It is about being the type of shop that you want to visit and will talk about. Be an experience.

Employ people who care. I mean really care. REI in the US continues to knock me for six with their service ethos. I’d be loyal to any store in the UK that had a fraction of this ethos. This starts with hiring people who care, people who want to serve and help their customers, whether they buy or not. REI takes a long term view, it wants to win not just lifetime loyalty, but generational loyalty. Parents bring their children, grandparents bring their grandkids, that cycle of loyalty builds and builds. I wonder if anyone from Blacks ever visited REI, because if they did, none of this is reflected in the current Blacks shopping experience.

This is not just about the front end though. At the back end, retailers need to know their products. Sell quality products, don’t sell junk that has a good margin, because this approach may cost you your business. Find new suppliers, seek out niche suppliers and emerging designs and products. Build relationships with suppliers and know the products. Keep the products relevant to the season. Start your sales before the next season starts, so I have a chance to pickup a bargain in season. Be selective about what you stock, make sure it fits together as a whole. Sell an end to end experience. Understand your market, your customers and their needs. Where you can, surprise me, reward me. This does not have to be expensive, but show me THAT YOU CARE ABOUT MY BUSINESS!!!

Connect locally, support your community, contribute, reward loyalty, be kind, give back. Contribute to what your company cares about. It is not about big pots of cash. Can you help a local school or business by sharing experiences and advice.

Virtually every company can learn from Patagonia in terms of managing and presenting social responsibility, but this is a massive global retailers, there are many more examples at a local level. If you sell food, do you CARE about food? How would your customers know? Are you supporting local suppliers? Are you committed to healthy living, or exciting food experiences? Do you support causes that you and your company care about? Can customers see what you are doing? Can they get involved?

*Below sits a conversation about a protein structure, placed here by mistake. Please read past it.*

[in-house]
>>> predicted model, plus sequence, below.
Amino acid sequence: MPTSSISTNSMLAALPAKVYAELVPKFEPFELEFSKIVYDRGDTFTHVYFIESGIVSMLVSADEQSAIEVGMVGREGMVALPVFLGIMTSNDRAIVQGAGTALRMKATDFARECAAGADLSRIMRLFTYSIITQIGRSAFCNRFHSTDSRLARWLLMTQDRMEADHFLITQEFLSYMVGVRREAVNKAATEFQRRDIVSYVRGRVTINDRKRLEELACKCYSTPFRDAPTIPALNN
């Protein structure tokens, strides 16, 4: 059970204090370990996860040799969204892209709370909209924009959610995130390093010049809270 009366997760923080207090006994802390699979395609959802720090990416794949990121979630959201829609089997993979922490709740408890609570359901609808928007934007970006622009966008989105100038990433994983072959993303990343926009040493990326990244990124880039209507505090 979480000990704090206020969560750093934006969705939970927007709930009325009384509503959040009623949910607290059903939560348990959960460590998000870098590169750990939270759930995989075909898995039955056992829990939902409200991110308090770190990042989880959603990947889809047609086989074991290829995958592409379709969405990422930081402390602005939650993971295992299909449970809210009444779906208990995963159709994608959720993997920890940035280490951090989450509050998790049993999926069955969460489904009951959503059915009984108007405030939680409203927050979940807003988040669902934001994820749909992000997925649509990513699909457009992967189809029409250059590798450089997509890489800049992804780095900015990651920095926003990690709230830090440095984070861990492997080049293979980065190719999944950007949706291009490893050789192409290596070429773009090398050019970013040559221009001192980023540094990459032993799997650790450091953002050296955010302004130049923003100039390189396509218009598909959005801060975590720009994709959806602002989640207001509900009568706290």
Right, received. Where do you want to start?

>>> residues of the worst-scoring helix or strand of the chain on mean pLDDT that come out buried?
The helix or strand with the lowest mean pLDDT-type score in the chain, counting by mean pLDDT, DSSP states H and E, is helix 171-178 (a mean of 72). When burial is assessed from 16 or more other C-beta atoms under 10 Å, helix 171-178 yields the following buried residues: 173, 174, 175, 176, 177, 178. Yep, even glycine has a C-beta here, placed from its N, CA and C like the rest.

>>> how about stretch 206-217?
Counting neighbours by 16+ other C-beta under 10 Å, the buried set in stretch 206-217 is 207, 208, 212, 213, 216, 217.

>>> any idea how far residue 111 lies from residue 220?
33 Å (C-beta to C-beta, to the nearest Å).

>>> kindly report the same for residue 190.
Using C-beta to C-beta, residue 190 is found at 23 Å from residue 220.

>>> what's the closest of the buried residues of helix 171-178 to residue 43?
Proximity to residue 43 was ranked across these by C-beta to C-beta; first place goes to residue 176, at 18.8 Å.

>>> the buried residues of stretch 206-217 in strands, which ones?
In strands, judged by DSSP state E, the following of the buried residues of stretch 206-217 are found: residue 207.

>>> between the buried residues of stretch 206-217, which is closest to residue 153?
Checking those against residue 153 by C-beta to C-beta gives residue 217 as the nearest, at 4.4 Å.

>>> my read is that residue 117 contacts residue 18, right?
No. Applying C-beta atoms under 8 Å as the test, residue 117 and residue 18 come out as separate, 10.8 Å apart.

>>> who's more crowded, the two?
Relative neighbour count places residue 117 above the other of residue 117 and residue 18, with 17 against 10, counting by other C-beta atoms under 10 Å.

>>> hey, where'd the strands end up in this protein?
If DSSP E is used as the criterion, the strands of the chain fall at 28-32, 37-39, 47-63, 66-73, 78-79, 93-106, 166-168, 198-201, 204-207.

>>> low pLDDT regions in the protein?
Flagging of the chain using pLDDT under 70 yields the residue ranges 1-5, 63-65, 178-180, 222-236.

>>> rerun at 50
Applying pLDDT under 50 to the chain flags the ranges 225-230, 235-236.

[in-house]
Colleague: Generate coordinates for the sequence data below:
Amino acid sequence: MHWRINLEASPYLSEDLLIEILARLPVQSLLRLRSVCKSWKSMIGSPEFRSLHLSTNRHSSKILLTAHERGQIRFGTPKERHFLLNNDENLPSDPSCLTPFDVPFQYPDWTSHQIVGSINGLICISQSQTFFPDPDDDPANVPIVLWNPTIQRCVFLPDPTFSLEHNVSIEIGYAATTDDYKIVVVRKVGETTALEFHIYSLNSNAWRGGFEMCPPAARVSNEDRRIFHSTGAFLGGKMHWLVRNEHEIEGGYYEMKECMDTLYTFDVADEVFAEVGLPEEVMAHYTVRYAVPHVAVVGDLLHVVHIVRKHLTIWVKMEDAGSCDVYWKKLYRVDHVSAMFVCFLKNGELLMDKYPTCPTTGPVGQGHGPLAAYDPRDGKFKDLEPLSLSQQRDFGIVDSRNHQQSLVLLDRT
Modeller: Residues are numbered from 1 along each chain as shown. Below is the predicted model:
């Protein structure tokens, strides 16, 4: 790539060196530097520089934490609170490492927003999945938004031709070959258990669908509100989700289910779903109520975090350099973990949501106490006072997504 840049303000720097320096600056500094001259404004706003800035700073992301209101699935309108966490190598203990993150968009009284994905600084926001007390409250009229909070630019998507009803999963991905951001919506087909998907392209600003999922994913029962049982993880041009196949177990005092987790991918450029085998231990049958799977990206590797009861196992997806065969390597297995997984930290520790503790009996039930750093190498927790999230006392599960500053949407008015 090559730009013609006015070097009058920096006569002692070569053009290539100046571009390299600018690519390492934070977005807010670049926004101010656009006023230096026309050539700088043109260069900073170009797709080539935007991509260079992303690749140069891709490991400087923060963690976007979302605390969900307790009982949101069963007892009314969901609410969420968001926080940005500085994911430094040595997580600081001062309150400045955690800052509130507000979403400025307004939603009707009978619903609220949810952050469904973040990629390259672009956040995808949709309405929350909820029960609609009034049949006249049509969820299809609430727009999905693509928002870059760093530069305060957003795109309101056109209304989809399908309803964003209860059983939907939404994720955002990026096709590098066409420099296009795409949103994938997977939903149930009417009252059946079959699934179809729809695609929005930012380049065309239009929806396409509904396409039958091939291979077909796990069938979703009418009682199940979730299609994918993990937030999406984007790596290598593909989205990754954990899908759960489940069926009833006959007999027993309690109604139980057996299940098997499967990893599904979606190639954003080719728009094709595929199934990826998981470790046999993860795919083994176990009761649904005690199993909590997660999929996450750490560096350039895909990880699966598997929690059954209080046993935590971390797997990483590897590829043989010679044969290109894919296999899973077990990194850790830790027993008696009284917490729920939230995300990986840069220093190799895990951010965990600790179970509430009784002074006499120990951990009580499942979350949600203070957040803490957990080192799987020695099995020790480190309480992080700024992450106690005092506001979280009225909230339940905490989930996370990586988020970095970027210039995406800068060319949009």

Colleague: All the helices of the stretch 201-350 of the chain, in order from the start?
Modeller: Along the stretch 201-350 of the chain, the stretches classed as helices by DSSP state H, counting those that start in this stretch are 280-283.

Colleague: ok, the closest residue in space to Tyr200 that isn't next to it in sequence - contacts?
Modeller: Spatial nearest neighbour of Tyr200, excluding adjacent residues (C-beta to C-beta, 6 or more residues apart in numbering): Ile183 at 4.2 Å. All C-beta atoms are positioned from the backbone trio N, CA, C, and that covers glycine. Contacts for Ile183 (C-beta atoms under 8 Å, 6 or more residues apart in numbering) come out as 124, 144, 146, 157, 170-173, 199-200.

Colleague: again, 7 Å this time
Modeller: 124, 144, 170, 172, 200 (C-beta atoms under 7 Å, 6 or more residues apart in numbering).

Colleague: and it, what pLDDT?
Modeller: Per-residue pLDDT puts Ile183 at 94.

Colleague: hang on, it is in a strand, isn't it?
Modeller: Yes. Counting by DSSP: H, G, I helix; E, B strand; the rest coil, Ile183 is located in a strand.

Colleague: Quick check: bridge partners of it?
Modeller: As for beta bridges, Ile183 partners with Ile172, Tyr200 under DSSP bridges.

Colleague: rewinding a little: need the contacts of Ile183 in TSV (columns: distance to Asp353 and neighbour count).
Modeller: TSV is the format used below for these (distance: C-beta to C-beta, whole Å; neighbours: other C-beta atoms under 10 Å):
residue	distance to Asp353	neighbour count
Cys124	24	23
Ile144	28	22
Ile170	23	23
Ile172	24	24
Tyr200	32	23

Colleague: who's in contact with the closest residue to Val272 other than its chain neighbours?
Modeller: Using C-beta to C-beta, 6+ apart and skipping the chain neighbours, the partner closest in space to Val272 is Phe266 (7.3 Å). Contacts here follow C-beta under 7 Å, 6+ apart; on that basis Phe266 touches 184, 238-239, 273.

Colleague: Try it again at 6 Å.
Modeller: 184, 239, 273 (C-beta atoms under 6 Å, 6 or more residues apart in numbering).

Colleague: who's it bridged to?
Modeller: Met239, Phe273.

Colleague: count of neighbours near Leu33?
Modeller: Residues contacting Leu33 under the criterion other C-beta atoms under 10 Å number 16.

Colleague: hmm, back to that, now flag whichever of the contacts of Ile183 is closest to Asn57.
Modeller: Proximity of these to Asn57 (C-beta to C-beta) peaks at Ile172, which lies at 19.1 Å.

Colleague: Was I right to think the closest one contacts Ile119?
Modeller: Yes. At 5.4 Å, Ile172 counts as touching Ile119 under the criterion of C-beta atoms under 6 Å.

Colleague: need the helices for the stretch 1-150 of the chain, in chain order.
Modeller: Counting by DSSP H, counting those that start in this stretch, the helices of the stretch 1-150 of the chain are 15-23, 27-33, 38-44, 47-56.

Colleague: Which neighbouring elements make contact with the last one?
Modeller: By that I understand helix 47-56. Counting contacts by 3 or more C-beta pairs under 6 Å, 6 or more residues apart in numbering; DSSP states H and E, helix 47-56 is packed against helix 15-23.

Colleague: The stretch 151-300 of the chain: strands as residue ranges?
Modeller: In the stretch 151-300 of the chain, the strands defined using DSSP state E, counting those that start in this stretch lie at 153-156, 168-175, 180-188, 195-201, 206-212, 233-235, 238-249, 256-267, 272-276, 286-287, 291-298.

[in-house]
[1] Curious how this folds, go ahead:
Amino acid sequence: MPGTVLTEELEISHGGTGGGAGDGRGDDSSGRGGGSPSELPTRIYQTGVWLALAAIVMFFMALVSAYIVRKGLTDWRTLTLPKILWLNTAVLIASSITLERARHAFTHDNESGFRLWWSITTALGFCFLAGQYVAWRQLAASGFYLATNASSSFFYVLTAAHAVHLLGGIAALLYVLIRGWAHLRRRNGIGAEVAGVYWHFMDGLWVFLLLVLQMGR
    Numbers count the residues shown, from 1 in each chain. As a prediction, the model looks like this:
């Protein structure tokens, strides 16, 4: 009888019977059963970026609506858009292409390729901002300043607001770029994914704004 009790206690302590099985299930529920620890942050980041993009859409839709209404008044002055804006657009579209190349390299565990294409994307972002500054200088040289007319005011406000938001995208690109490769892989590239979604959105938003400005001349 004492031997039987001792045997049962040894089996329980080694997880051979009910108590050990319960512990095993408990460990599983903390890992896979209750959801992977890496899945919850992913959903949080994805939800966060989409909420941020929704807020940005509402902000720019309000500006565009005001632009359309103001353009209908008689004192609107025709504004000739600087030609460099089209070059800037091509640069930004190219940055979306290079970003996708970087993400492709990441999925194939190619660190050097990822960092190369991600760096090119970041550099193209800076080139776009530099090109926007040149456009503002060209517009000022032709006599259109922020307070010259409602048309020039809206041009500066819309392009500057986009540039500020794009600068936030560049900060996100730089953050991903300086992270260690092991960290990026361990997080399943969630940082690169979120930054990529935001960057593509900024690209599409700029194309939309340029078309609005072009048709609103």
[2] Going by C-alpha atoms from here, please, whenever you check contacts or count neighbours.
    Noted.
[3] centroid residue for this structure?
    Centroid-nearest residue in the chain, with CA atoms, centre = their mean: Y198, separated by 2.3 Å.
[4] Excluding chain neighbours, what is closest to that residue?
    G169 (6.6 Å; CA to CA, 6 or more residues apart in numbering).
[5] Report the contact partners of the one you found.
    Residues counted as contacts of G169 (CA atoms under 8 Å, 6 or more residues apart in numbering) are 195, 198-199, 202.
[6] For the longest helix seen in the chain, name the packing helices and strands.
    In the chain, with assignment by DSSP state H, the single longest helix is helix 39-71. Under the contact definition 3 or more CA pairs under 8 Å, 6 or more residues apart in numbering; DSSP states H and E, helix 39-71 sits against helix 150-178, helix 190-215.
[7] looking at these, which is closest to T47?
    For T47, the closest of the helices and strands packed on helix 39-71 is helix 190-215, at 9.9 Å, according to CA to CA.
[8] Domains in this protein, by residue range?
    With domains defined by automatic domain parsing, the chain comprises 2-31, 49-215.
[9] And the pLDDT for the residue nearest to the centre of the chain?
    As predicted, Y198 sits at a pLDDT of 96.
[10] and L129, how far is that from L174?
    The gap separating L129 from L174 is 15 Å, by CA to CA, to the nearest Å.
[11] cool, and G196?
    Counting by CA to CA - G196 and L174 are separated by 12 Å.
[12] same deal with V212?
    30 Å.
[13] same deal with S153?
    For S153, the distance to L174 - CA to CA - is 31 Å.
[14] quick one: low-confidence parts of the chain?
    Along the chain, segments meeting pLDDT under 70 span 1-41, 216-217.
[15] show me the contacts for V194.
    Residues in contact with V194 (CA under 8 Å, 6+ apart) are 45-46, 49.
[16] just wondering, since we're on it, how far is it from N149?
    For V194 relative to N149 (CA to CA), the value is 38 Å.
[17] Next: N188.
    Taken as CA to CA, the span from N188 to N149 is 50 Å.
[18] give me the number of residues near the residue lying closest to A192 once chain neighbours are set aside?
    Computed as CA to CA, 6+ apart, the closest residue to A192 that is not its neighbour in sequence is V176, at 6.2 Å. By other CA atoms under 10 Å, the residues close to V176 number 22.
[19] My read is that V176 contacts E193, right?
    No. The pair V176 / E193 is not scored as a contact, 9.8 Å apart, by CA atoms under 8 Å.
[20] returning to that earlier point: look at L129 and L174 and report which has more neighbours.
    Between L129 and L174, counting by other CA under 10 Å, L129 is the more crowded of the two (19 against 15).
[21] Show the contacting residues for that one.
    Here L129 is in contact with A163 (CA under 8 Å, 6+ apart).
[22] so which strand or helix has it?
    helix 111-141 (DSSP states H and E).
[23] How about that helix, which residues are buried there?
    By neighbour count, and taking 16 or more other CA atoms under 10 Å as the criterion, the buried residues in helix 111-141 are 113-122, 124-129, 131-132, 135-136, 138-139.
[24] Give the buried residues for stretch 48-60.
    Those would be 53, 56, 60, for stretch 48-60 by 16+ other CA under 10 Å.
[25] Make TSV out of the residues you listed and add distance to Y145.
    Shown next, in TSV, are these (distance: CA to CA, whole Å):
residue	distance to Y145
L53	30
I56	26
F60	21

It doesn’t matter what area you are in, you can get involved:

  • Food – healthy living, sustainability, local farming and production, reducing waste
  • Books – reading, literacy, learning, diversity, any number of specialist themes (home cooking, travel etc)
  • Outdoor – environmental awareness, travel, sustainability, open access, development
  • Fashion – sustainability, reuse, recycling, customisation and personalisation of clothing, positive self identity, diversity

You have no excuse, because this is not about time, but effort and caring.

If people apply for a job and don’t care, don’t employ them. Simple as that. Take time to find people who care. Build networks, relationships and fans. Reject average. Low wages don’t help, but high wages are not required either. Pay fairly, be flexible in conditions and excellent in treatment of people, not STAFF. People, humans with families, not anonymous staff.

Now re-read this article and think how much of this applies to the companies that failed.

I cannot think of one company on this list that gets a fraction of this right. So where is the surprise that they failed.

This was completely predictable and there is a tranche of other companies closely behind them that has survived for now, but are on corporate life support. They are dying, because the lifespan for the business model that they are following is already dead.